Dedicated to the Future

May 24, 2017

The excitement of moving into a new house has an energy all its own—the smell of fresh paint, crisp clean features, and wide open rooms bursting with potential. Multiply that excitement by three families with a combined thirty children who have waited an entire year for this day, and you might have an idea of how Palmer Home for Children felt last week at the dedication of our new cottages.

Donors, staff, children and friends of Palmer Home gathered inside Hope Chapel on Palmer Home’s Hernando campus to celebrate the occasion.

“I don’t think it’s possible in one season to talk about what it takes to get us to a moment like this,” began Drake Bassett, Palmer Home for Children President and CEO, as he addressed the crowd gathered. “So many people are part of the story, part of the progress.”

Many significant donors would be recognized during the course of the dedication, but Bassett pointed to the importance of every individual who gave in the mission to create a place for vulnerable children to call home.

“However you touched this story, you are salt of the earth. Today you are pure salt,” he said, referencing Jesus’ Sermon on the Mount. Bassett continued to describe the way Palmer Home shines light into the lives for children who have experienced so much darkness.

The salt and light of Palmer Home’s mission to Rescue and Restore lives is particularly needed as more and more organizations move away from the group home model of care. In Mississippi, Palmer Home is one of only a few organizations that continue to accept sibling groups and keep them together. Maintaining the bond between siblings can be an important aspect of restoring young lives.

“There’s a need for this,” he said of the three new homes situated just outside the chapel. “Someday these children will be ready for foster care [through Jonah’s Journey]. We can’t wait for them to have a family. But in crisis situations, group homes are needed.”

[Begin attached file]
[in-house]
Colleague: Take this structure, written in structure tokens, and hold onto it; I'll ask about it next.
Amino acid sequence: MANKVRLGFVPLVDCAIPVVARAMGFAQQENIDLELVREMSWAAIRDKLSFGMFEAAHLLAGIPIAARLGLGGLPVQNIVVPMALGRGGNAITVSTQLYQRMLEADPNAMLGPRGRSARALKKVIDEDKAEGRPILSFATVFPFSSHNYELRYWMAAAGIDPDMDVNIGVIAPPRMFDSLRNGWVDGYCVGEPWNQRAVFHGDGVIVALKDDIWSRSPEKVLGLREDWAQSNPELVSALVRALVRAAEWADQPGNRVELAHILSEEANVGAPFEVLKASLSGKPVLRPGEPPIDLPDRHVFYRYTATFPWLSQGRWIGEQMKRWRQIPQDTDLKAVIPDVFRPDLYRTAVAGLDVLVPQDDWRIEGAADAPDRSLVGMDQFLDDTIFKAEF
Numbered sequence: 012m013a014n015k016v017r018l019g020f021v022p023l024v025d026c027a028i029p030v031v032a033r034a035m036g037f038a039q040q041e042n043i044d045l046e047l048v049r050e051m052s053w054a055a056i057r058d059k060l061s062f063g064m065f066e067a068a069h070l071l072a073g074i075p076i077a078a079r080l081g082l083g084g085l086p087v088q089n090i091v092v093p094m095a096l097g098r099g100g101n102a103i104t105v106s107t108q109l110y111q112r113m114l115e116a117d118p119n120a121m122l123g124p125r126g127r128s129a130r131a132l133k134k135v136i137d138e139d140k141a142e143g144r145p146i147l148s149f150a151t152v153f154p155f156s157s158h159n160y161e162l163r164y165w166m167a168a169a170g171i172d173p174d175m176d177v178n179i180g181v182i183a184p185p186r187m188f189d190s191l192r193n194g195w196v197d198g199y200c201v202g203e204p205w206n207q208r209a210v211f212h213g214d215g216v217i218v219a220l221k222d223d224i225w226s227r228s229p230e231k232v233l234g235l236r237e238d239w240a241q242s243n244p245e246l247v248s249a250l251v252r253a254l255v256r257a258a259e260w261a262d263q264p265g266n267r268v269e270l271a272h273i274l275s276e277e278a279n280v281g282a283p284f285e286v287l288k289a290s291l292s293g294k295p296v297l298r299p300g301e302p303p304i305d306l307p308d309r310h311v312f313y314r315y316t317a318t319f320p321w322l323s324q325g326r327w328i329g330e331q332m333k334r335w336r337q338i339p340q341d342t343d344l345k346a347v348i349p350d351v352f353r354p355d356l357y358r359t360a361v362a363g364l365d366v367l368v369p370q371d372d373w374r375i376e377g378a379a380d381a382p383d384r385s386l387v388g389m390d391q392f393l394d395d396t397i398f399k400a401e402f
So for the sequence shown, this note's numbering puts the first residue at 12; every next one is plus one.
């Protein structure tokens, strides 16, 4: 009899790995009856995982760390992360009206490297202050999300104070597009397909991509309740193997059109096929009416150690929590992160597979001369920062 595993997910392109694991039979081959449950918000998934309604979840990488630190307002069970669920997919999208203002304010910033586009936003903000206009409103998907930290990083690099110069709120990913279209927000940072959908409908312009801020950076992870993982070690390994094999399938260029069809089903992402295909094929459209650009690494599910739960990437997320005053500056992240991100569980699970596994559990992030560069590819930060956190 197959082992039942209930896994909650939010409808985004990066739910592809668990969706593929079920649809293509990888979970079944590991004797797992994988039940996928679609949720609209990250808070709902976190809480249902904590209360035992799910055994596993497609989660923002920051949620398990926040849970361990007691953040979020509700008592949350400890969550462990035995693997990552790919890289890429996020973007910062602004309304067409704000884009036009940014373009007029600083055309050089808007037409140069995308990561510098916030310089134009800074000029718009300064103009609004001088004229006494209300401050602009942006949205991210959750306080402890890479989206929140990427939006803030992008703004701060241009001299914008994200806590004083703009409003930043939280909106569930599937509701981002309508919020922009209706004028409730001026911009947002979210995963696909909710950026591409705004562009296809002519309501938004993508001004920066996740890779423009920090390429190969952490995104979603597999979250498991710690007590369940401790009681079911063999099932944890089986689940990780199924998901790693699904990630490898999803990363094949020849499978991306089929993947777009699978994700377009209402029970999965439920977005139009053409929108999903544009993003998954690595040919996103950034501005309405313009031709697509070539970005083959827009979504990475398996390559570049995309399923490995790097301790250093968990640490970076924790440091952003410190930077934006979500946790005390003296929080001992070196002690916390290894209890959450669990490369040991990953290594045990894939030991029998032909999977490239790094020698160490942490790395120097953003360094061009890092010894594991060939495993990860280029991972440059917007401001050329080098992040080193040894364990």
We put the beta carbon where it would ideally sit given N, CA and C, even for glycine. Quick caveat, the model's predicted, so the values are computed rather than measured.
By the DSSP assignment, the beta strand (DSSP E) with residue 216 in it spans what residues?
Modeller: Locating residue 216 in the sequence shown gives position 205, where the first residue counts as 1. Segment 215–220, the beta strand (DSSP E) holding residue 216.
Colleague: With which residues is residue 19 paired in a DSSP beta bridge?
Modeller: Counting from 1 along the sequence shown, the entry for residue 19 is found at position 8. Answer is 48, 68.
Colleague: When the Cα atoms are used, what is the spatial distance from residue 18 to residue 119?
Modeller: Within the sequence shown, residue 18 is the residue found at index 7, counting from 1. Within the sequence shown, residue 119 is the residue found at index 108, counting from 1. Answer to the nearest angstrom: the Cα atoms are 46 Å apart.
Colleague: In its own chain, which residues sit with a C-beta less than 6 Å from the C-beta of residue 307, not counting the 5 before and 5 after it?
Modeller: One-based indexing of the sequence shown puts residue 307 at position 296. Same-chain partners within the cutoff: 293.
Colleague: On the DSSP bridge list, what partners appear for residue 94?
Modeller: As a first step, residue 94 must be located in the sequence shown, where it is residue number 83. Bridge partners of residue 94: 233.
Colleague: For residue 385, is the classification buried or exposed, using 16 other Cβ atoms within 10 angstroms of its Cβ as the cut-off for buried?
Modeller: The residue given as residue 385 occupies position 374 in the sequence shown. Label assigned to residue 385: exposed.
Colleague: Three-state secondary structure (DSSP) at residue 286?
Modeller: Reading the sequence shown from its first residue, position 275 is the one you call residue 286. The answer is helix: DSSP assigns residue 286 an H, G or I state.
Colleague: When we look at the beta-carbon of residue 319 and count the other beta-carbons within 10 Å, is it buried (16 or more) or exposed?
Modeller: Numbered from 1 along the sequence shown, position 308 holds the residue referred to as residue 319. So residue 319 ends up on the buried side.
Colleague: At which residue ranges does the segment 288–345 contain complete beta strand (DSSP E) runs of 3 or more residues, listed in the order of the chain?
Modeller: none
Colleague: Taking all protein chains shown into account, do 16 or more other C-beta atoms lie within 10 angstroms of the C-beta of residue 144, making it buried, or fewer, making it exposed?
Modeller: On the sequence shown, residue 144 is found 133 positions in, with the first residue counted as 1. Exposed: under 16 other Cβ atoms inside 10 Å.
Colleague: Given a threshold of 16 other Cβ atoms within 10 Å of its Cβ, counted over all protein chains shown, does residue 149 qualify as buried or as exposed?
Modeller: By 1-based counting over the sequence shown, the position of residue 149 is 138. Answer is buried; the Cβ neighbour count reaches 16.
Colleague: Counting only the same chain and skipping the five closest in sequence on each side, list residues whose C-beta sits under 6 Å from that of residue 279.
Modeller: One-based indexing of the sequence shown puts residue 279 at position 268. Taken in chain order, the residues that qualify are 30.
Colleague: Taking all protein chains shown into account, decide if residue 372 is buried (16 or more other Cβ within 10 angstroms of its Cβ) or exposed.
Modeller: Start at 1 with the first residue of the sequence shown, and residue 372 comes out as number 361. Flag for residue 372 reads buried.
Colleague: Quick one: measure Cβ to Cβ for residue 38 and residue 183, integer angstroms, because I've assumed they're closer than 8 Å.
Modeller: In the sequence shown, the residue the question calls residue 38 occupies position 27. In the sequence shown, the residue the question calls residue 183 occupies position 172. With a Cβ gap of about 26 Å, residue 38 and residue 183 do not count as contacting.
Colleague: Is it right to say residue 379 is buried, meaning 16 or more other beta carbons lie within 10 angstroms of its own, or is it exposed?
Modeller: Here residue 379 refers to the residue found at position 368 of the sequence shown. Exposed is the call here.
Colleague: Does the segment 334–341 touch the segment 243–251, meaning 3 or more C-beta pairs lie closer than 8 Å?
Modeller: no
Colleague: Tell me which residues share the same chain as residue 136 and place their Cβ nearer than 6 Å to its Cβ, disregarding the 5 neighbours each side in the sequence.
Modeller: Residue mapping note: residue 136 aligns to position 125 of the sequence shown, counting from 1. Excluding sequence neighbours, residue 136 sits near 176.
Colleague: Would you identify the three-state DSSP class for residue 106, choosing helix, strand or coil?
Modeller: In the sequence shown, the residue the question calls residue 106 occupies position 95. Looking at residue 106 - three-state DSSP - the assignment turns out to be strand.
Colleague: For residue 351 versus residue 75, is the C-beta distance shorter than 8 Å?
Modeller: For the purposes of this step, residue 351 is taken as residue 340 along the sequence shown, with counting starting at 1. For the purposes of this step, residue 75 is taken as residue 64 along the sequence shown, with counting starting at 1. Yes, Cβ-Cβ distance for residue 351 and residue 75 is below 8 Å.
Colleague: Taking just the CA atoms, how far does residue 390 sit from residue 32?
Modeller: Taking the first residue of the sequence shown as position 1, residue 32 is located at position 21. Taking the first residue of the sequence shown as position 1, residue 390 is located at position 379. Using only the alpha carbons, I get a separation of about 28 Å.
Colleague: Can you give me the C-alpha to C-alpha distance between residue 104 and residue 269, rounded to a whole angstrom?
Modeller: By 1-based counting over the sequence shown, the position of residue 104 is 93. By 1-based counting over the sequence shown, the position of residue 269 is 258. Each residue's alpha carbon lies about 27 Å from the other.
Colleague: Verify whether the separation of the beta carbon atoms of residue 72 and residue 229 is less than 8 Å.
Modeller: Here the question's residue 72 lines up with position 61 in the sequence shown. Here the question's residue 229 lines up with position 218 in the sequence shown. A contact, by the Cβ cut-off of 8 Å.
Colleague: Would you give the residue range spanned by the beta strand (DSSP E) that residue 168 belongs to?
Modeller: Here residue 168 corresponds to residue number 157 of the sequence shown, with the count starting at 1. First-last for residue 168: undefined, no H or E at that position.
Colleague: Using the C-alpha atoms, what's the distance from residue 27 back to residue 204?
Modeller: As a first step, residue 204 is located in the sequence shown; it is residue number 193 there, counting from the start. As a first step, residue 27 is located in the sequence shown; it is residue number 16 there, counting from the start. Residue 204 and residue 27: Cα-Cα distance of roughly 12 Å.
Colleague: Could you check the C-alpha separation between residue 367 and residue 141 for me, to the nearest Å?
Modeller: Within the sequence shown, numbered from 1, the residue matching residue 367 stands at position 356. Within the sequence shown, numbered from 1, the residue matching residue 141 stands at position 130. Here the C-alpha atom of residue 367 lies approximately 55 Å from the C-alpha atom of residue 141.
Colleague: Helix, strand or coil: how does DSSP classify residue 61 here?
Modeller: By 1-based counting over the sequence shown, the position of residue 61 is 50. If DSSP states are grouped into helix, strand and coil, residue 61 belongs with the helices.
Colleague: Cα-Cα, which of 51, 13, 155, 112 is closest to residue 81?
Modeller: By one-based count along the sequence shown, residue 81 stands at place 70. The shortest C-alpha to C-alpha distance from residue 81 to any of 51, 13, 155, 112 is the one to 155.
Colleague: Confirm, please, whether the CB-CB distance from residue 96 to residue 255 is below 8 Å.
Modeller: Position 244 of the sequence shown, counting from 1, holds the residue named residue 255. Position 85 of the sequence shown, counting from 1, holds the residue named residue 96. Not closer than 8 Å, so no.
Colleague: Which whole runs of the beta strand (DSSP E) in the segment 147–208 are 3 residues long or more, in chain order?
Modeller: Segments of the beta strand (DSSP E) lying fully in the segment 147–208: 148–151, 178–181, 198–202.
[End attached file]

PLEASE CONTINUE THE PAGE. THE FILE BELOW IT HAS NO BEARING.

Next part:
Bassett welcomed Robert Farris, Palmer Home’s Vice President of Rescue to the podium to share more about how the new cottages came to be. Farris began with a brief history of the Hernando campus, which began almost twenty years ago with 2,000 acres and a dream.

Funding for the first cottage on campus was donated by Independent Presbyterian Church of Memphis. As Farris had hoped, other donors followed the church’s lead. George Cooke donated funds for the Cooke-Miller Cottage. John and Beth Reeves provided support for another cottage. The Langley family built a pavilion and director’s home, and Chuck and Michelle Bolton provided the funding for Hope Chapel. Glenna Flaut donated for the director’s home in Hernando.

“A lot of people have come before us to make this happen,” Farris said.

Well over a decade later, support for growth on the Hernando campus continues. Farris thanked Karen Carlisle, Frank & Shirley Lee, and Tam & Nora Etheridge for providing major gifts towards the newest cottages on campus.

Farris introduced the construction leaders from Fulwood Construction who he said made the process of building three homes “a pleasure”. He also recognized the many companies who donated upgrades in products like flooring, lighting and brick to the project. Several of the vendors were in attendance, including representatives from Studio41 of Chicago.

The project came together under the leadership of Warren Miconi of Miconi Project Management. With interior design help from Elizabeth Fisher, all the finishing touches were added, resulting in three beautiful new cottages that will house the children of Palmer Home for years to come.

After recognizing those who helped make these new homes a reality, Farris introduced Palmer Home’s TrebleMakers choir. Full of smiles and clothed in spring-inspired white, the children closed the ceremony with sweet praise choruses.

The crowd then spilled out into the bright May sunlight and gathered on the drive of one of the new homes. Pastor Chris Sykes of The Church of Lake Forest read a few verses of scripture and prayed blessings upon each cottage and the restorative work that will take place within.

All three cottages opened their doors to attendees, a rare opportunity since cottages are only opened to the public once a year. Guests were drawn to the modern furnishings, hardwood floors, custom-built tables and spacious layout that defined each home.  While every cottage hosts the same floor plan, furnishings and finishes vary, giving each home its own unique style.

Houseparents welcomed guests to each cottage, sharing their high hopes and excitement for the new homes. While an official move-in date is still on the horizon, it’s clear the residents of Palmer Home are looking forward to making memories together in their beautiful new cottages.

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